When school started that fall, she was assigned to teach fifth grade at Jarrettsville Elementary, and she taught there for five years.  When she transferred to teach closer to her home in Bel Air, she had earned her bachelor’s degree from Towson State University.
Teaching was a natural fit for Dr. Reid, and was a tradition in her family.  Both of her grandmothers taught in one-room school houses and Dr. Reid often enjoyed playing school with them when she was young.  Her sister worked as an elementary teacher for 30 years within Jackson, Michigan schools.  Dr. Reid’s quest for learning was enforced by the many wonderful teachers throughout her education in the Jackson schools.
Dr. Reid’s career with HCPS took her from Jarrettsville Elementary (1966-1972), to Homestead Elementary (1972-1975) and to William Paca/Old Post Road Elementary (1975-1977) as a classroom teacher.  Then she became a special education helping teacher (1977-1982) before being promoted to associate principal (1982-1986), an elementary supervisor (1986-1991), and finally principal of Deerfield Elementary (1991-1999).     
She enjoyed seeing children excited about learning.  As an administrator, she loved seeing the progress of many amazing young teachers.  She was always passionate about the importance of a quality education for all learners.
Dr. Reid worked diligently throughout her career, wanting the best for each student, teacher, and parent.  She was highly involved in the Co-Next project while serving as principal at Deerfield Elementary School.  She believed that project significantly improved learning at all the schools that participated in that project.  She was also engaged in the implementation of the school-wide enrichment model and was a huge supporter of inclusive education.  Another great honor for her was to lead a team of two teachers and herself to make a presentation at the National Conference of Elementary Principals in San Antonio, Texas in 1993.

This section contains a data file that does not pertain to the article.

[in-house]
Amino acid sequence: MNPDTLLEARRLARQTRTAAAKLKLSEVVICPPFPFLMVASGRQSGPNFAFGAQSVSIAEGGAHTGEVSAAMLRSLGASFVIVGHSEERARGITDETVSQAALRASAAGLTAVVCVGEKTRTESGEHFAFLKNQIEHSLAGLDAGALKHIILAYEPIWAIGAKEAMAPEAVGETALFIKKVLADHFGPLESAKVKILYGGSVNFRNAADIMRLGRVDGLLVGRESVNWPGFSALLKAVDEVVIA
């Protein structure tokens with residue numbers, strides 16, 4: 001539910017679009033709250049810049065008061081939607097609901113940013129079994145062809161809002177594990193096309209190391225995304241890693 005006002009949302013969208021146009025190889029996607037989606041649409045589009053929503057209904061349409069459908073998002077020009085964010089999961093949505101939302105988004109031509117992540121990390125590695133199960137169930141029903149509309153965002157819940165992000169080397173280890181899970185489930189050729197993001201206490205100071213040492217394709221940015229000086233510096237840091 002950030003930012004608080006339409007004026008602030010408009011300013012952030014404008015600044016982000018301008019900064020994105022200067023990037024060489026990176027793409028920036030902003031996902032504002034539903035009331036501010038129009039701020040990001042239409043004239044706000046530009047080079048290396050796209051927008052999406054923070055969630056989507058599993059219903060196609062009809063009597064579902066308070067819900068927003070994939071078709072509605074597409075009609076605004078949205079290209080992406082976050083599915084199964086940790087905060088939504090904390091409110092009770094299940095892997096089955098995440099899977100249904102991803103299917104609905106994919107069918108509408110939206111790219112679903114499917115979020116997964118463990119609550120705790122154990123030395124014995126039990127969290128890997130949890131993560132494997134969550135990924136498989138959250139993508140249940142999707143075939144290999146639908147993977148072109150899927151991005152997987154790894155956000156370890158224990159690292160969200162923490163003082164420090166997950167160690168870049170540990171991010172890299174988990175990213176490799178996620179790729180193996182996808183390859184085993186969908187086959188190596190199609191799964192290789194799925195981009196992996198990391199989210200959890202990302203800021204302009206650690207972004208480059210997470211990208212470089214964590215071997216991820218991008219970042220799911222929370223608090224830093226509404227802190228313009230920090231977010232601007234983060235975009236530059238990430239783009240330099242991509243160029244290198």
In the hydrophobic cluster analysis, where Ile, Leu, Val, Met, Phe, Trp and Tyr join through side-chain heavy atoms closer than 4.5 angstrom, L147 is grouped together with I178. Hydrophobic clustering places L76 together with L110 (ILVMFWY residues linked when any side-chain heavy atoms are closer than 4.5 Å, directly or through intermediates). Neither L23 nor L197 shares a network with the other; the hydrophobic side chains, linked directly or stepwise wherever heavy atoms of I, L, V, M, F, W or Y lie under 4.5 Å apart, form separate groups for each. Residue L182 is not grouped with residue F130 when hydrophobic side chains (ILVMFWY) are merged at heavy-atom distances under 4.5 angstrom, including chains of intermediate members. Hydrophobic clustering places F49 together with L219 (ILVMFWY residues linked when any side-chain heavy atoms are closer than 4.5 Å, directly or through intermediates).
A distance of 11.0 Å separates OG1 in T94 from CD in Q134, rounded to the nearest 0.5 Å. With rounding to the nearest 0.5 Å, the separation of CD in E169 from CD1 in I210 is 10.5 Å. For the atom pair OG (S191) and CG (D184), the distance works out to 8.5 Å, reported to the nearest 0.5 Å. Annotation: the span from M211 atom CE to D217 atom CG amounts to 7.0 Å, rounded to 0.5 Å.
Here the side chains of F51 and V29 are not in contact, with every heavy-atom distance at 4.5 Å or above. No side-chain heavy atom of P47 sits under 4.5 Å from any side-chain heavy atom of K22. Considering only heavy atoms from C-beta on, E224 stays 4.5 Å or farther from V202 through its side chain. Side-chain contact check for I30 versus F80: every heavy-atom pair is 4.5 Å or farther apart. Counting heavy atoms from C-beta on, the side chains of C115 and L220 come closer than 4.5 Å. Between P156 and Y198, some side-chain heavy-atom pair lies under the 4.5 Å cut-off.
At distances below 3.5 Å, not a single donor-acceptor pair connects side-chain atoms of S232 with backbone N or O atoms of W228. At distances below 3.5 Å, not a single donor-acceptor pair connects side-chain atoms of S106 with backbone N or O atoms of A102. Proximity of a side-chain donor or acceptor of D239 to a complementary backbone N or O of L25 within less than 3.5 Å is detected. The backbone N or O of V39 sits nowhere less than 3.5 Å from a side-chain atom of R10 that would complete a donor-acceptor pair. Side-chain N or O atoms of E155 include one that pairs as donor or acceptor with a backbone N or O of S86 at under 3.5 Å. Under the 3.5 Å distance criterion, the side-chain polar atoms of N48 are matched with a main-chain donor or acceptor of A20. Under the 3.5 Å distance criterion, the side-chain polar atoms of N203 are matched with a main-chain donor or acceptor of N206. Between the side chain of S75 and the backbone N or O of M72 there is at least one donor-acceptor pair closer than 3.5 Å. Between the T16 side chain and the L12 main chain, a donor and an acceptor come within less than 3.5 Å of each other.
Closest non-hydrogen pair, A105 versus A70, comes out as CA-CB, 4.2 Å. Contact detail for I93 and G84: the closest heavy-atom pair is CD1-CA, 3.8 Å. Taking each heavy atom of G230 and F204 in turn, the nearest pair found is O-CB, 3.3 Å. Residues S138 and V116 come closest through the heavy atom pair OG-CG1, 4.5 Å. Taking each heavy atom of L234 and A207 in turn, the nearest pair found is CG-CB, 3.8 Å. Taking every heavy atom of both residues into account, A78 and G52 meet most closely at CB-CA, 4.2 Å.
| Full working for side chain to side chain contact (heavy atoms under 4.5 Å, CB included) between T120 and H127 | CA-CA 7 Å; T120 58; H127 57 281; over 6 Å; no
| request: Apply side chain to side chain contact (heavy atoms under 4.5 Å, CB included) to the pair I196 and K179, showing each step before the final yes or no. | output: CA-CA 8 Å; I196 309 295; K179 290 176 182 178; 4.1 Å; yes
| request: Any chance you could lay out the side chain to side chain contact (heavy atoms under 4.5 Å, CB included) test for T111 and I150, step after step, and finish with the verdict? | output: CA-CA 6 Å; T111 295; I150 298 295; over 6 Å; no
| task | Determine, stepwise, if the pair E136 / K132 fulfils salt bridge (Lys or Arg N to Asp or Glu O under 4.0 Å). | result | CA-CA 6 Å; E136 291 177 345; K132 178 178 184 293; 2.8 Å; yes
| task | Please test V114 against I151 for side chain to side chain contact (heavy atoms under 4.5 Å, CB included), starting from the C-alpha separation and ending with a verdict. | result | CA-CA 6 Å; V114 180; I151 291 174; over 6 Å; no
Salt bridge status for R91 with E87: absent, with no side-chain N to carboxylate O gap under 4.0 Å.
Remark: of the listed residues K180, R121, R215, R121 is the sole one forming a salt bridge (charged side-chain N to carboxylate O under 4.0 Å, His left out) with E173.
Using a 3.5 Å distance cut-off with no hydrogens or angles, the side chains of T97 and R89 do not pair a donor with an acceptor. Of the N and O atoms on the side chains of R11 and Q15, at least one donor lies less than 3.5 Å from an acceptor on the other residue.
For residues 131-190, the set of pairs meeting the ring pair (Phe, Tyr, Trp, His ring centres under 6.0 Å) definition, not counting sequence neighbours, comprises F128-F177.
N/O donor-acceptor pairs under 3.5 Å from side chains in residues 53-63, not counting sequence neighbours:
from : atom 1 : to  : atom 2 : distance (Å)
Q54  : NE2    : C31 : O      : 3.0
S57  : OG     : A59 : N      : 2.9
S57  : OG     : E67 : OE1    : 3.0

Dr. Reid is grateful for the opportunity to have varied experiences in a wide variety of schools throughout her career in education.  As the helping teacher in special education, she worked in all HCPS schools and at all grade levels. That was a tremendous opportunity for her—and very challenging work.  She learned extensively from her supervisor during that time, the late Mrs. Gertrude B. Rich, who greatly influenced her time with HCPS. 
Dr. Reid retired in September 1999 to have time available for extensive travel.  She also wanted to teach graduate courses at the College of Notre Dame, which she did for six years.  Her other post-retirement assignments included teaching Introduction to Elementary Education and Introduction to Special Education at Harford Community College.  She also taught for the HCPS as a Home/Hospital teacher for six years following her retirement, which was an emotionally rewarding experience for her. 
In April 2012, Dr. Reid was honored to be selected by the Harford County Council as a “Living Treasure of Harford County.” 
Her current hobbies include chairing the scholarship program at the Glen Meadows Retirement Community, traveling, reading, and spending time with her family.  She and her husband have two children, five grandchildren, and three great grandchildren.